The Nation's Health + Nutrition

Nutrition: Mediterranean diet vs. American Heart Association Diet

In 1994, the Lyon Heart Study demonstrated a 50-70% reduction in coronary events in participants who followed a diet rich in vegetables, olive oil, fish, nuts, red wine, and enjoyed meals as a family activity. Various other studies have documented similar phenomena with less metabolic syndrome, better lipid patterns, less obesity with the Mediterranean lifestyle.

There are two fundamental differences between the Mediterranean diet and the diet advocated by the American Heart Association (AHA) for people with heart disease: the Mediterranean diet uses olive oil more liberally, such that fat calories can reach 40% of total; and, unlike the AHA diet, processed foods are not a part of the Mediterranean diet. Greeks, for instance, are far less likely to eat Count Chocula cereal for breakfast, or snack on Healthy Choice Premium Caramel Swirl Sandwich (ice cream sandwiches) or Malt-O-Meal Honey Nut Scooters. All three of these foods on listed on the AHA Heart-Check Mark heart-healthy program.

In other words, remove all the processed foods, and the AHA diet pretty closely resembles the Mediterranean diet. There are differences but they tend to be relatively small. If the only major difference is the presence of processed foods, wouldn't you therefore expect the AHA to embrace the Mediterranean diet?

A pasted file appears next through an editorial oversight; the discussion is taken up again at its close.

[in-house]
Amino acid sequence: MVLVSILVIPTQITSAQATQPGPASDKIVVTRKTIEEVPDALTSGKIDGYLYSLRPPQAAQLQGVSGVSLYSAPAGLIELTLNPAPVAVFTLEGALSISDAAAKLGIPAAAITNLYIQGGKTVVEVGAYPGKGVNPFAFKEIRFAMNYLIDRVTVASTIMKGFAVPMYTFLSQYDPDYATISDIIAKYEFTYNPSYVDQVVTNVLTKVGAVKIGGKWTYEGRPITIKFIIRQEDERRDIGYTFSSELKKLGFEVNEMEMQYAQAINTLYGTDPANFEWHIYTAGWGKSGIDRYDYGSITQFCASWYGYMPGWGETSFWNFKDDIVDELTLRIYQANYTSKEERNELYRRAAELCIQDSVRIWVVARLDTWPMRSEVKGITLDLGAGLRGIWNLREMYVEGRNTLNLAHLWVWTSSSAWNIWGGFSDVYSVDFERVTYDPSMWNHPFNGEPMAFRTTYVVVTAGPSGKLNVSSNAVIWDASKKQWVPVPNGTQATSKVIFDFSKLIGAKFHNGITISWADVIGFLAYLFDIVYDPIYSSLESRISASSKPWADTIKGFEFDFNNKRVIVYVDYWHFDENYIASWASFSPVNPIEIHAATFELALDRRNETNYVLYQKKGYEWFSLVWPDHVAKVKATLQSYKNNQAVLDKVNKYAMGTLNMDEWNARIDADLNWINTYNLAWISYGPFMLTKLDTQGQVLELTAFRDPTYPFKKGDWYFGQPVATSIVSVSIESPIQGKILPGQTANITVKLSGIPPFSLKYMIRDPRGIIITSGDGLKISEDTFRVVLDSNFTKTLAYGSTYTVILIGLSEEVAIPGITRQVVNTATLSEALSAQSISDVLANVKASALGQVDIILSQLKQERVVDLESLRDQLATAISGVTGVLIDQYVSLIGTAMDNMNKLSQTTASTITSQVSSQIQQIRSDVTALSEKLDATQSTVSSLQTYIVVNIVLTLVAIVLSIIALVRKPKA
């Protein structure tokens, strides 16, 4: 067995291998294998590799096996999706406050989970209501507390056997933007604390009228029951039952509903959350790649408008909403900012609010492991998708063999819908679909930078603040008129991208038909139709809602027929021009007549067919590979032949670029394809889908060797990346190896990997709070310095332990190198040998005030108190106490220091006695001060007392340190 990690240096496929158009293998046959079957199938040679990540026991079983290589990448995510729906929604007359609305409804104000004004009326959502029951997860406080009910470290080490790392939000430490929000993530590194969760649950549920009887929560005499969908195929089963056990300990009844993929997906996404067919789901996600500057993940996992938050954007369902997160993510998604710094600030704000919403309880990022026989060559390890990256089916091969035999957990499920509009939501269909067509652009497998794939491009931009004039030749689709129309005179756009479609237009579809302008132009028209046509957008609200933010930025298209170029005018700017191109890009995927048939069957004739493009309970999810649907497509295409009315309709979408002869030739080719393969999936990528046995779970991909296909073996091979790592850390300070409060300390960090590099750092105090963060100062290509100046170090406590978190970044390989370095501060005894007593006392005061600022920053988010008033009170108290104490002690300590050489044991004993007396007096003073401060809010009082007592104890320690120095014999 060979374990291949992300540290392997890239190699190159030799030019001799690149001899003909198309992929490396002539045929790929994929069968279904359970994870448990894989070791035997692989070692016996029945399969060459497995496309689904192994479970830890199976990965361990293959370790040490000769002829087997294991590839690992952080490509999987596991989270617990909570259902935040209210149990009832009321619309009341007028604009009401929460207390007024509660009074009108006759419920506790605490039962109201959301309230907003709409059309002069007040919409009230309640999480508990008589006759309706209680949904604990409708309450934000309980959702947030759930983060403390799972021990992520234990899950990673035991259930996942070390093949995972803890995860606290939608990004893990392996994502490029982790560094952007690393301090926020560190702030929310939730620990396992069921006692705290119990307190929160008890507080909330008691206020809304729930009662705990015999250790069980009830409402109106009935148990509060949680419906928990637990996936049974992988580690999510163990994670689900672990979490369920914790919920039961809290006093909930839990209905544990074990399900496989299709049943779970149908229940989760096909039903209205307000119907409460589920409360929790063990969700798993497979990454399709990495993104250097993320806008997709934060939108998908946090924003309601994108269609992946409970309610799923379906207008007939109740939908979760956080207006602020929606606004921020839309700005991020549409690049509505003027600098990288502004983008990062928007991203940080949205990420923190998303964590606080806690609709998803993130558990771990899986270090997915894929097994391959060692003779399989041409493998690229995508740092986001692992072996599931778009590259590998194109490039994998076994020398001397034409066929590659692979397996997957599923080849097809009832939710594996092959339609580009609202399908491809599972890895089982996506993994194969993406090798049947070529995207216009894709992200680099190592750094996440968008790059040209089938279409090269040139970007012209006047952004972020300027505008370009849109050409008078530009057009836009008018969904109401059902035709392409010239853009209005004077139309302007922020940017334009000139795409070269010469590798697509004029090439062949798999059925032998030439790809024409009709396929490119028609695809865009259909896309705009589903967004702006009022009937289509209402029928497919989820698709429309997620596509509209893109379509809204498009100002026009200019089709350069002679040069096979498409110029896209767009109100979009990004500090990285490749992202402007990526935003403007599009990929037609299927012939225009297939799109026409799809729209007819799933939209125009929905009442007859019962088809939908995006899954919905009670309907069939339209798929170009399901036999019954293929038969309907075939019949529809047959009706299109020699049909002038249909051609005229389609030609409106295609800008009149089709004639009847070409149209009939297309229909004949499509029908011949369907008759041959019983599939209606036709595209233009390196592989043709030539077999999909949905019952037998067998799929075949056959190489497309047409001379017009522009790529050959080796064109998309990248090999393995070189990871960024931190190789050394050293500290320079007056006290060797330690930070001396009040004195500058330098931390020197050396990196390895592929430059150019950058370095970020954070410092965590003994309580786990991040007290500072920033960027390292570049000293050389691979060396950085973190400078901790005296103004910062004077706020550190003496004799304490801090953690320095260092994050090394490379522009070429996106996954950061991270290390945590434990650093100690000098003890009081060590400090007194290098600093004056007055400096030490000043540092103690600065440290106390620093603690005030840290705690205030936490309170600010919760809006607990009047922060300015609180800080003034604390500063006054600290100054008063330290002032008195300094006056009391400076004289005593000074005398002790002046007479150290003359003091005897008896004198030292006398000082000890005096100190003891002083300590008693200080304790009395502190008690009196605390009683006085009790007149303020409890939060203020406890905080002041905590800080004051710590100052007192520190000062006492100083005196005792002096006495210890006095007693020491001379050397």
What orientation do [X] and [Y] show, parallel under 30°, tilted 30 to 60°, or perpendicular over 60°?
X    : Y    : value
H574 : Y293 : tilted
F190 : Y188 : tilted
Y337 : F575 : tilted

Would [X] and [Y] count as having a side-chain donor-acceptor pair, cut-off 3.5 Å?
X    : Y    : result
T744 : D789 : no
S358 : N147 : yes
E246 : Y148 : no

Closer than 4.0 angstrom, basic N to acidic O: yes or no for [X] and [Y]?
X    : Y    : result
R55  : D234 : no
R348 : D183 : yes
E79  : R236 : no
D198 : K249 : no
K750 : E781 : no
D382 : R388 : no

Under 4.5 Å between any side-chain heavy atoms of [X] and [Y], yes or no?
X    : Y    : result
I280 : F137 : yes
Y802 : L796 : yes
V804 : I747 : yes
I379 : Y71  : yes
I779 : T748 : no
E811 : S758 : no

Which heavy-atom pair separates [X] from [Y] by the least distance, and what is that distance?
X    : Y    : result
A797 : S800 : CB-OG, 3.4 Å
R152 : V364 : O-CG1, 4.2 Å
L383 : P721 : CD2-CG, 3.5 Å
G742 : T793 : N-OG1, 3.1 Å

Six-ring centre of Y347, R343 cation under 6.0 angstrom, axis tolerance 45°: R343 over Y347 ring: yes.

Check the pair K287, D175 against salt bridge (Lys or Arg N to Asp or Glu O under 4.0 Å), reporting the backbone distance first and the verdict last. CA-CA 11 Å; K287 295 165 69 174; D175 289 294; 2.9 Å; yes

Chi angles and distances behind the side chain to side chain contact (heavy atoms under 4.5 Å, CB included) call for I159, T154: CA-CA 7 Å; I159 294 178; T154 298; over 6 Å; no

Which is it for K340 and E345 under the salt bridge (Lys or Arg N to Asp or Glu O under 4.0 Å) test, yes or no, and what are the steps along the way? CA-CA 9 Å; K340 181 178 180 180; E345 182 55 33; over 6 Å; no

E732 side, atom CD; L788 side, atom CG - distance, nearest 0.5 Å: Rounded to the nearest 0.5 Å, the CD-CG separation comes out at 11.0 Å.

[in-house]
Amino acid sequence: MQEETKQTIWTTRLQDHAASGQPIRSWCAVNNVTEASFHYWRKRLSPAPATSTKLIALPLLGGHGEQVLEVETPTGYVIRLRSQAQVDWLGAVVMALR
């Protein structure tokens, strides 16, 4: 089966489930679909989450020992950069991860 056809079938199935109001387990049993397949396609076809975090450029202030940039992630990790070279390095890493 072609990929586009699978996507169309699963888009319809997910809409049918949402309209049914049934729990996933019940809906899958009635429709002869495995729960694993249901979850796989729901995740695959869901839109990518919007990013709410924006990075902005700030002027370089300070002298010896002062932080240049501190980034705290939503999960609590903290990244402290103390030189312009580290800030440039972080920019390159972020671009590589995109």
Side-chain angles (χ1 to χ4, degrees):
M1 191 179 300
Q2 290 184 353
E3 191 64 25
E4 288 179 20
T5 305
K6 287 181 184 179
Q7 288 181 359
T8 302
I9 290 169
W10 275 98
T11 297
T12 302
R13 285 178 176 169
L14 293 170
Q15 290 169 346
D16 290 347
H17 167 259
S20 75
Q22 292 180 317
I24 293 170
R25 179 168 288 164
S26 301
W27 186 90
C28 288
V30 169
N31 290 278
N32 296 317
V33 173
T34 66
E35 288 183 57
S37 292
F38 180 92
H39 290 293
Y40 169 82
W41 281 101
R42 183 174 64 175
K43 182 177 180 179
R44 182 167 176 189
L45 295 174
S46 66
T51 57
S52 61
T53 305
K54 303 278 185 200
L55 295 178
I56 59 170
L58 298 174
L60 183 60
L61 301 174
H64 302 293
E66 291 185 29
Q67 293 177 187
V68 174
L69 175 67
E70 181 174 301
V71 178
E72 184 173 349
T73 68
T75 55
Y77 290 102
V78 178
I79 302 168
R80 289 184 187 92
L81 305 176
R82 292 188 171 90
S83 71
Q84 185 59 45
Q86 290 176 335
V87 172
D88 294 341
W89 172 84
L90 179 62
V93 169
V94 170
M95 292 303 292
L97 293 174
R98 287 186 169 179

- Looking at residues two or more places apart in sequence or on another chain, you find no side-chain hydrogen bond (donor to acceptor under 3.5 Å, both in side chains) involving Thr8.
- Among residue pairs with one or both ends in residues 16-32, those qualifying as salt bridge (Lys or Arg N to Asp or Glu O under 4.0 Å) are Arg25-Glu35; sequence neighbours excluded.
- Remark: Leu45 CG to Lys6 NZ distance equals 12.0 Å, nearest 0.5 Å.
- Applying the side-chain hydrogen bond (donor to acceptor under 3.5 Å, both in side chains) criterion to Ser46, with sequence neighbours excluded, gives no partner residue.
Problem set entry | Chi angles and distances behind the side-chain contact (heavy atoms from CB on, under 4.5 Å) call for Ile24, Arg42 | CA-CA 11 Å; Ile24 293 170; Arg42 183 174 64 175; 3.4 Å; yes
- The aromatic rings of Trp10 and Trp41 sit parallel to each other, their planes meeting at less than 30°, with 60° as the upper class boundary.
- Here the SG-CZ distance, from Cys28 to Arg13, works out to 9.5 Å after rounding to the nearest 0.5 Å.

Here's what their official stand on the Mediterranean diet states:

Does a Mediterranean-style diet follow American Heart Association dietary recommendations?

Mediterranean-style diets are often close to our dietary recommendations, but they don’t follow them exactly. In general, the diets of Mediterranean peoples contain a relatively high percentage of calories from fat. This is thought to contribute to the increasing obesity in these countries, which is becoming a concern.

The AHA is actually lukewarm towards the diet that was the first to show a dramatic decrease in heart attack and death. Why?

The answer is obvious, once cast in this light. To wholeheartedly endorse the Mediterranean diet might be seen as an indirect rejection of American processed foods. You know, the foods that have caused an extraordinary and unprecedented epidemic of obesity in the U.S., the foods that are manufactured by ConAgra, General Mills, Kelloggs--all also major financial contributors to the AHA, according to the AHA Annual Report.

I tell my patients: If you want heart disease, follow the American Heart Association diet. In my view, it is a diet founded on politics and money, not on health. How else could Cocoa Puffs be regarded as heart healthy?

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